No driver shall operate a commercial motor vehicle, and a motor carrier shall not require or permit a driver to operate a commercial motor vehicle, while the driver’s ability or alertness is so impaired, or so likely to become impaired, through fatigue, illness, or any other cause, as to make it unsafe for him/her to begin or continue to operate the commercial motor vehicle. However, in a case of grave emergency where the hazard to occupants of the commercial motor vehicle or other users of the highway would be increased by compliance with this section, the driver may continue to operate the commercial motor vehicle to the nearest place at which that hazard is removed.
The goal of these rules is to make sure that every trucker’s “work week” includes adequate rest, even if that rest is at unusual times. That way, when they get back to work and on the road, they’re driving safely.
Contact us to speak with a lawyer about your accident.We’re available 24/7 and your first consultation is free.
Call 866-972-5287 or send us a message online
Back on the Road
What to do after a serious semi, tractor trailer or truck accident in Georgia
Guidebook for people who suffered a serious injury or lost a loved one after a bad accident with a large commercial truck
Why drowsy driving is a big problem among truck drivers in Metro Atlanta
Simply put, a truck driver’s job is to transport goods and products from one place to another. This is undoubtedly an essential part of our economy, but it’s also very much a business, which means that money is at stake. This fact, in turn, often creates pressure on drivers to deliver their cargo on time or early, which may push certain truckers to break the rules and drive without getting sufficient rest.
Truck drivers and trucking companies may falsify the logbooks for the following reasons:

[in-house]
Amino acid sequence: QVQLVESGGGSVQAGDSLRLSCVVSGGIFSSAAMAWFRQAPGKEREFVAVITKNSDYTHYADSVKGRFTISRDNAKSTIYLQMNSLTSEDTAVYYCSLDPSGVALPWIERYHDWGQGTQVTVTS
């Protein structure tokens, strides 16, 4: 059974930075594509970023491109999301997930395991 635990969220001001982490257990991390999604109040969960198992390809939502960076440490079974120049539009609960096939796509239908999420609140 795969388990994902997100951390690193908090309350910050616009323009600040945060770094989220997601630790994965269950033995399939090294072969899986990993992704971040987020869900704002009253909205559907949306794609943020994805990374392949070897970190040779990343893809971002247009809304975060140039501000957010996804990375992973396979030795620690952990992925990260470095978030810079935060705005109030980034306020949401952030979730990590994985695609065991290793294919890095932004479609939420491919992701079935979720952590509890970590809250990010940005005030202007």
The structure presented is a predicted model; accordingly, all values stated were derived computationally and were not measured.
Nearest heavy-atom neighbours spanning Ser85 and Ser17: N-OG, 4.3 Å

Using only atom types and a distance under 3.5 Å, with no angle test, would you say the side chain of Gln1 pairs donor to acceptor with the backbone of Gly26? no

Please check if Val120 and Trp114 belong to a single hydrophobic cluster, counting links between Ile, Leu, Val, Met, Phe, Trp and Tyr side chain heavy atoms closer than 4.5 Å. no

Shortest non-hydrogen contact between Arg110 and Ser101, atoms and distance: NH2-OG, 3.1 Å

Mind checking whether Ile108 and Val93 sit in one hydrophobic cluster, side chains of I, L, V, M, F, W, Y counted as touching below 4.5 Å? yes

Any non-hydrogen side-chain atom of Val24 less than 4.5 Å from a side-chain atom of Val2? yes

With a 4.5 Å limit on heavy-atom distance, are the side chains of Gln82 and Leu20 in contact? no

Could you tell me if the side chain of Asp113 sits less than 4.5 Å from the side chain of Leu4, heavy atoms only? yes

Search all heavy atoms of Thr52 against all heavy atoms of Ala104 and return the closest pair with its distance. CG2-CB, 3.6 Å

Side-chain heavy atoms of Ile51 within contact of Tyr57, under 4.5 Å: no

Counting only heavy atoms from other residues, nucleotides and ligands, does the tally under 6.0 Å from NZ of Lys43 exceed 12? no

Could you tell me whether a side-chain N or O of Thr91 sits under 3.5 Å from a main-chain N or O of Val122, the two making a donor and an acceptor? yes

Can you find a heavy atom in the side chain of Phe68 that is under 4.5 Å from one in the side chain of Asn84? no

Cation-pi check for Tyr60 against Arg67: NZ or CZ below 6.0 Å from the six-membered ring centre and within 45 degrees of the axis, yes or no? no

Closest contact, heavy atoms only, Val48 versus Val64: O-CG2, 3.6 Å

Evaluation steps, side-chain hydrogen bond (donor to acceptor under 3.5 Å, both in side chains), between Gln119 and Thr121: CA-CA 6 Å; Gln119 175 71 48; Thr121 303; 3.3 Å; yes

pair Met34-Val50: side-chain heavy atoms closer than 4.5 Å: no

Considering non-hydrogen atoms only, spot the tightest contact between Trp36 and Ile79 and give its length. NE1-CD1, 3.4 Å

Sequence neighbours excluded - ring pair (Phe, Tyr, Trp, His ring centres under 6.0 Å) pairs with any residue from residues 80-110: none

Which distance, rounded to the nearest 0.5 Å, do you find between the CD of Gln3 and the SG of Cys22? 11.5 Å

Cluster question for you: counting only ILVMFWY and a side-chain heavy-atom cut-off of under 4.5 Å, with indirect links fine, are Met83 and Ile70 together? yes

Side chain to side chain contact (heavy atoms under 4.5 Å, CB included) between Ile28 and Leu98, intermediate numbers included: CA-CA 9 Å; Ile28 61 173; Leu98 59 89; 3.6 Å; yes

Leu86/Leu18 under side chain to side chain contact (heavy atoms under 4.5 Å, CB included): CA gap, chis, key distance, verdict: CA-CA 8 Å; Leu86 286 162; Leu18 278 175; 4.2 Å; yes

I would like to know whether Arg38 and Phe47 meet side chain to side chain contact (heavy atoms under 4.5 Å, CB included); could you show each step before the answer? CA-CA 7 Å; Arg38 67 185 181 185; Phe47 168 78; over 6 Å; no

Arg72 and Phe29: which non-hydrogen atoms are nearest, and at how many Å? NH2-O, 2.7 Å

- Pressure from the trucking company or client to make an on-time delivery
- Financial penalties for late deliveries
- Weather, traffic or other delays
- Delivery deadlines that are unreasonably close to the pickup time for the next job
- Orders to take a rest break too soon after waking up
- Outright orders to continue driving on inadequate sleep
Because driving a semi-truck doesn’t always pay well, drivers don’t have much leverage when they’re told to drive on inadequate rest. It’s well known in the industry that some drivers falsify their logbooks, sometimes with the knowledge or active participation of the trucking company. When that unsafe and illegal decision leads to a serious trucking accident in Georgia, this is known as “negligence” and both the driver and the trucking company may be legally and financially responsible for the injuries they caused.
How to prevent truck accidents caused by driver fatigue
According to the Large Truck Crash Causation Study, as reported by the FMCSA, 13 percent of commercial motor vehicle (CMV) drivers were considered to have been fatigued at the time of their crash. To reduce this percentage, the FMCSA lists the following tips to help truckers stay healthy and well-rested during their trips:
- Get enough sleep before getting behind the wheel.
- Maintain a healthy diet.
- Take a nap if you feel drowsy.
- Avoid medication that may induce drowsiness.
- Recognize the signals and dangers of fatigue.
- Don’t rely on “alertness tricks” or behaviors to keep you awake.
Our knowledgeable Georgia truck accident injury lawyers can secure the best possible settlement or outcome
If your family has been affected by a catastrophic trucking accident in Metro Atlanta or elsewhere in Georgia, don’t hesitate to call Scholle Law for help. We have more than 20 years of experience helping Georgians like you recover the money they need to move on after a serious vehicle accident.
We offer free consultations to listen to your story and give you our best estimation of what might happen if you pursue a Georgia truck accident lawsuit. To learn more about your rights and how we can protect them, contact us online or give us a call.